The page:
The Oglala Sioux Tribe Land Office is hosting an Agricultural Resources Planning & Management Meeting March 30th and 31st at the Prairie Wind Casino on the Pine Ridge Reservation in South Dakota. For more information contact 605-867-5305.
It is not difficult to argue the case that modern agriculture has reached a crisis stage. We have reached a point where must accept that change must occur, where common-place practices must abandoned, where long established institutions collapse, and ultimately, a new paradigm emerges. It could also be argued that the crisis we are experiencing in modern agriculture is part of a larger crisis evidenced by global warming, the burgeoning divisions between rich and poor, and most recently, the collapse of global capital markets. This can be a disquieting time indeed since, while its clear that change must occur, nobody is quite sure what that change will look like. Speaking about the broader global transition taking place, Colombian born Anthropologist, Arturo Escobar has argued that “Epistemologically this move entails a transition from the dominance of modern science to a plural landscape of knowledge forms. Socially, the transition is between global capitalism and emergent forms of which we only have glimpses in today’s social movements.” Rather, he argues that the emerging social movements, like the growing indigenous rights movement, represents the best hope for reworking many of the problems faced by global capitalism.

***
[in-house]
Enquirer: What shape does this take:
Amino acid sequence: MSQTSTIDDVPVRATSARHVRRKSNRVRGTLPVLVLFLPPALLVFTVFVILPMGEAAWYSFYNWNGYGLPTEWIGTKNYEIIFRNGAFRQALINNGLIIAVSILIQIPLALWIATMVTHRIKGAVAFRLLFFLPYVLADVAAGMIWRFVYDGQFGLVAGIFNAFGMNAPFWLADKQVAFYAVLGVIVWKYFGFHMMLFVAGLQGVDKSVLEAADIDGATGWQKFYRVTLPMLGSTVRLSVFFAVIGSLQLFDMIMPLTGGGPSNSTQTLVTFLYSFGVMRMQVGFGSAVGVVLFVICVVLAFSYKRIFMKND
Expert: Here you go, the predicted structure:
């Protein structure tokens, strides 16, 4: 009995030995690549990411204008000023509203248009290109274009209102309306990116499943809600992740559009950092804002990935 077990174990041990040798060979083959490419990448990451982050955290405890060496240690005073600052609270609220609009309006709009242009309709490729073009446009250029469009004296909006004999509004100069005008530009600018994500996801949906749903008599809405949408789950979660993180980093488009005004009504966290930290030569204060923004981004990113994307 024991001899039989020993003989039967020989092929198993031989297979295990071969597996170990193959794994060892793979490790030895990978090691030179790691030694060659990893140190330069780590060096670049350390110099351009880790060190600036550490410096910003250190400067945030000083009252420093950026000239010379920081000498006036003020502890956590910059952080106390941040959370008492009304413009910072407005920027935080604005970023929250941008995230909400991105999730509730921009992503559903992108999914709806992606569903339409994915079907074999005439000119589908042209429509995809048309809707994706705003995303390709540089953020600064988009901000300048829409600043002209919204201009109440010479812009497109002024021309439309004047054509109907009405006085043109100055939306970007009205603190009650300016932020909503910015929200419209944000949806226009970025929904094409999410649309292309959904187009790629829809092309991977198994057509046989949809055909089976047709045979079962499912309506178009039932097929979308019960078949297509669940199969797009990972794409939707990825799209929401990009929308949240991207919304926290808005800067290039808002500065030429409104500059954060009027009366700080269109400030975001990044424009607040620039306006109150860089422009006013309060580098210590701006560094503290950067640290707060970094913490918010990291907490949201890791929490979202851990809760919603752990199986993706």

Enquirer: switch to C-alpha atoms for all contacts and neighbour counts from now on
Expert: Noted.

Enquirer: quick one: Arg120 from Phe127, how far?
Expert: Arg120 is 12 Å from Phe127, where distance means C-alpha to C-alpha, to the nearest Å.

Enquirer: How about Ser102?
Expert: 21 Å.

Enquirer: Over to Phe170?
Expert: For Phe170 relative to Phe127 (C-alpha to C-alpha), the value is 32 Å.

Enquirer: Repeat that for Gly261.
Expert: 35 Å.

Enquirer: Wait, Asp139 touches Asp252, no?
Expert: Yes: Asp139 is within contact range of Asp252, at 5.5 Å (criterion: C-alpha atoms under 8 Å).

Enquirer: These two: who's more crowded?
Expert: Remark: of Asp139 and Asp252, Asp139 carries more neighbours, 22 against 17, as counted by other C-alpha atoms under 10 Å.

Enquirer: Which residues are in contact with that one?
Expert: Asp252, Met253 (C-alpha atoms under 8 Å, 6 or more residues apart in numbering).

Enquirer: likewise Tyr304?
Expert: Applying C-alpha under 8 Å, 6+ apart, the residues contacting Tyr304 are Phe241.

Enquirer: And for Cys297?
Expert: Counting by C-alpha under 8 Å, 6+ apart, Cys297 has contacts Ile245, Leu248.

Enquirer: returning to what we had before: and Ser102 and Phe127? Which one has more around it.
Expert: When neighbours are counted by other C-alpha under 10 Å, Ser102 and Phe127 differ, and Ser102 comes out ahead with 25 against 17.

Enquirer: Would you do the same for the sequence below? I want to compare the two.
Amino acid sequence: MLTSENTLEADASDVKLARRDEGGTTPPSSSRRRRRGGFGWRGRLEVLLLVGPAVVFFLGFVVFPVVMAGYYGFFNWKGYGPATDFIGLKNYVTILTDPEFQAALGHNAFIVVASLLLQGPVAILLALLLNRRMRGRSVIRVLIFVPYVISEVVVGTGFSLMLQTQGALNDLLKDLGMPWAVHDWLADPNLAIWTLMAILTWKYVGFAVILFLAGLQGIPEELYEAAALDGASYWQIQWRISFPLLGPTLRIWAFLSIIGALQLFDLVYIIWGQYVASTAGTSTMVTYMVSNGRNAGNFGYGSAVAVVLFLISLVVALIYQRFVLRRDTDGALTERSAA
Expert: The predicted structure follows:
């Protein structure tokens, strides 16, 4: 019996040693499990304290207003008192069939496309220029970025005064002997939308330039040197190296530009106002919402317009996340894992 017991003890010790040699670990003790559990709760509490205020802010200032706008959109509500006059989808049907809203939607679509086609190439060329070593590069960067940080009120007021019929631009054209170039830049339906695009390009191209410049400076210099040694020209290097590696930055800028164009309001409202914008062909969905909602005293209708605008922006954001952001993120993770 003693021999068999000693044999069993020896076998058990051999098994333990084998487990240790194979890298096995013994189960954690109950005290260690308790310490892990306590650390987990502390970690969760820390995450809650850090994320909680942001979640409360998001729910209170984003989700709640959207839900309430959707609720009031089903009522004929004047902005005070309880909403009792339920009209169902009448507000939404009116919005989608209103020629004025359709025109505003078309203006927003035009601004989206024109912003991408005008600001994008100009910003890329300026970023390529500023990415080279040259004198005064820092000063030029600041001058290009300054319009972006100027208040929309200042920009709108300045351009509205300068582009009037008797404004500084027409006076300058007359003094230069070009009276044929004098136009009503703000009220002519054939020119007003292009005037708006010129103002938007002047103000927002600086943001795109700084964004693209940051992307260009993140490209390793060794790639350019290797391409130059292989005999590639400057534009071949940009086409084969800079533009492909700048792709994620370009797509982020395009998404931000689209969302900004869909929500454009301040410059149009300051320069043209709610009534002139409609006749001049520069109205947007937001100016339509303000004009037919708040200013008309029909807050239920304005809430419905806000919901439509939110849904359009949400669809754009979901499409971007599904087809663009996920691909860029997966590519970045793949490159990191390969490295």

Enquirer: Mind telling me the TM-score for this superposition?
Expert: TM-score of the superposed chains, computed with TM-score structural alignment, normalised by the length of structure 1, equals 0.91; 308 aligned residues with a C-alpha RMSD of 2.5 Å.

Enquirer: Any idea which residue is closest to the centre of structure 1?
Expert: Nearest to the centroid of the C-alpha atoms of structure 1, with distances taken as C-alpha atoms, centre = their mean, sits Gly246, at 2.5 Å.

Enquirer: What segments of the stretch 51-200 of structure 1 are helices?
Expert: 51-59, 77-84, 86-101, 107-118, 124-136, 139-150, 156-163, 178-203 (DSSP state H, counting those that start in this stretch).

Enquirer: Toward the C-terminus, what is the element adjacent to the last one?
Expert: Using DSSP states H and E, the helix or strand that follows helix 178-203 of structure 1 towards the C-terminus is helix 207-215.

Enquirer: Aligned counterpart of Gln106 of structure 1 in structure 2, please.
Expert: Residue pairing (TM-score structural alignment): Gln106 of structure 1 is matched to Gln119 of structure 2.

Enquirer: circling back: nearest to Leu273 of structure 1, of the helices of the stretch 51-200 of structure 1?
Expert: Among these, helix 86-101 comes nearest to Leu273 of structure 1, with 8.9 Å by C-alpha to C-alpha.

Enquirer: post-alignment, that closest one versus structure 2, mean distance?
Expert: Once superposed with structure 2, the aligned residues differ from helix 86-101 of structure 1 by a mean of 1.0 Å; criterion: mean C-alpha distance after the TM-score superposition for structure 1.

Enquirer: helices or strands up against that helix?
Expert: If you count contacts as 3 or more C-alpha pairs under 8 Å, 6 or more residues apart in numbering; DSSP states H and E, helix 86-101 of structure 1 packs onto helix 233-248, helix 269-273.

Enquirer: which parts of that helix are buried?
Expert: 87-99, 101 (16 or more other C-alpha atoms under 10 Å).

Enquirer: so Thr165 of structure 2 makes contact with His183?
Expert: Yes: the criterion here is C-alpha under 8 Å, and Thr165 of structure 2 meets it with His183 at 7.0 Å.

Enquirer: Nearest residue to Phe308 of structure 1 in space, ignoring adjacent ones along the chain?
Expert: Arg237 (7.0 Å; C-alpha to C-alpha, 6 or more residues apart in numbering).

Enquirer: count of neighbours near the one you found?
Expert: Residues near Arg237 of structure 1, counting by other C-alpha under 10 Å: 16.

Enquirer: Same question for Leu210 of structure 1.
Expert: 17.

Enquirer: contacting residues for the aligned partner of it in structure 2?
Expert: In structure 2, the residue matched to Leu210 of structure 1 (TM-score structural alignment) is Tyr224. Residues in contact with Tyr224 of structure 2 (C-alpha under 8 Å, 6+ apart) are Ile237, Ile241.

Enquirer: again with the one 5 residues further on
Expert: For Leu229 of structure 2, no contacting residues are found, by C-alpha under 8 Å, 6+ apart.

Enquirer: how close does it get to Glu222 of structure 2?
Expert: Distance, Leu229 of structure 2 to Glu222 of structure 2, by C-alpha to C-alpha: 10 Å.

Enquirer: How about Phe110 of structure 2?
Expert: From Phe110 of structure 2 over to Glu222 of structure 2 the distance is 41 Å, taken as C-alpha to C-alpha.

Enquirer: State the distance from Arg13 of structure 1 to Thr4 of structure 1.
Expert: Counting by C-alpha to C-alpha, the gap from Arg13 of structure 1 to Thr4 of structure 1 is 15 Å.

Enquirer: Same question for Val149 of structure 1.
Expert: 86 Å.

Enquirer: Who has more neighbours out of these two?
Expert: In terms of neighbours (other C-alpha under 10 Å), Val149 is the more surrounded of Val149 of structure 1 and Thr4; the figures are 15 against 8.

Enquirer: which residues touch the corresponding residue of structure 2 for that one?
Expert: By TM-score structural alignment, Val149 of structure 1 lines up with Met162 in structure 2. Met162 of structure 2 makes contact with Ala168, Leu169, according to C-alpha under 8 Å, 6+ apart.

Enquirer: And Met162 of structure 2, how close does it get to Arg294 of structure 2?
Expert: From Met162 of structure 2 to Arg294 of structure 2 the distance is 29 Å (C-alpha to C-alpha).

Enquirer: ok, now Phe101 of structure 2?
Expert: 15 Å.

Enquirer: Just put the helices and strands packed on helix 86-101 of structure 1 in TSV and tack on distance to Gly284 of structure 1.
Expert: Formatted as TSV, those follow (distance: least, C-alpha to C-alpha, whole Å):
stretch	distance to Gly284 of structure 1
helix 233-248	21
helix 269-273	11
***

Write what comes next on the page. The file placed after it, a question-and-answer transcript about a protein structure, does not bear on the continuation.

In a small way, with our work on the Pine Ridge Indian Reservation, we are seeing how this “reworking” can manifest. In particular, some of the challenges we have faced in developing a market and supply chain for meat from buffalo raised by a cooperative of Lakota Producers. While, Village Earth has been working to support Lakota buffalo caretakers on Pine Ridge since early 2003, it wasn’t until 2006 when they started talking about forming a cooperative. Over the next few years we had numerous meetings, did our homework, drafted bylaws and articles of incorporation, and by August of 2008 the coop was officially recognized in the State of South Dakota. Less than four months later, the cooperative filled the first order under its label “Lakota Buffalo Caretakers Cooperative (LBCC).” To facilitate distribution in northern Colorado (where the best market exists) we helped establish a independently managed L.L.C. Called “Allied Natural Meats.” While it has been less than a year where the coop has been selling its products on the market, we have already learned a great deal where the points of conflict exist between the old paradigm of raising and selling meat, and possibly a new paradigm emerging from the LBCC but informed at a deeper level by the Lakota worldview.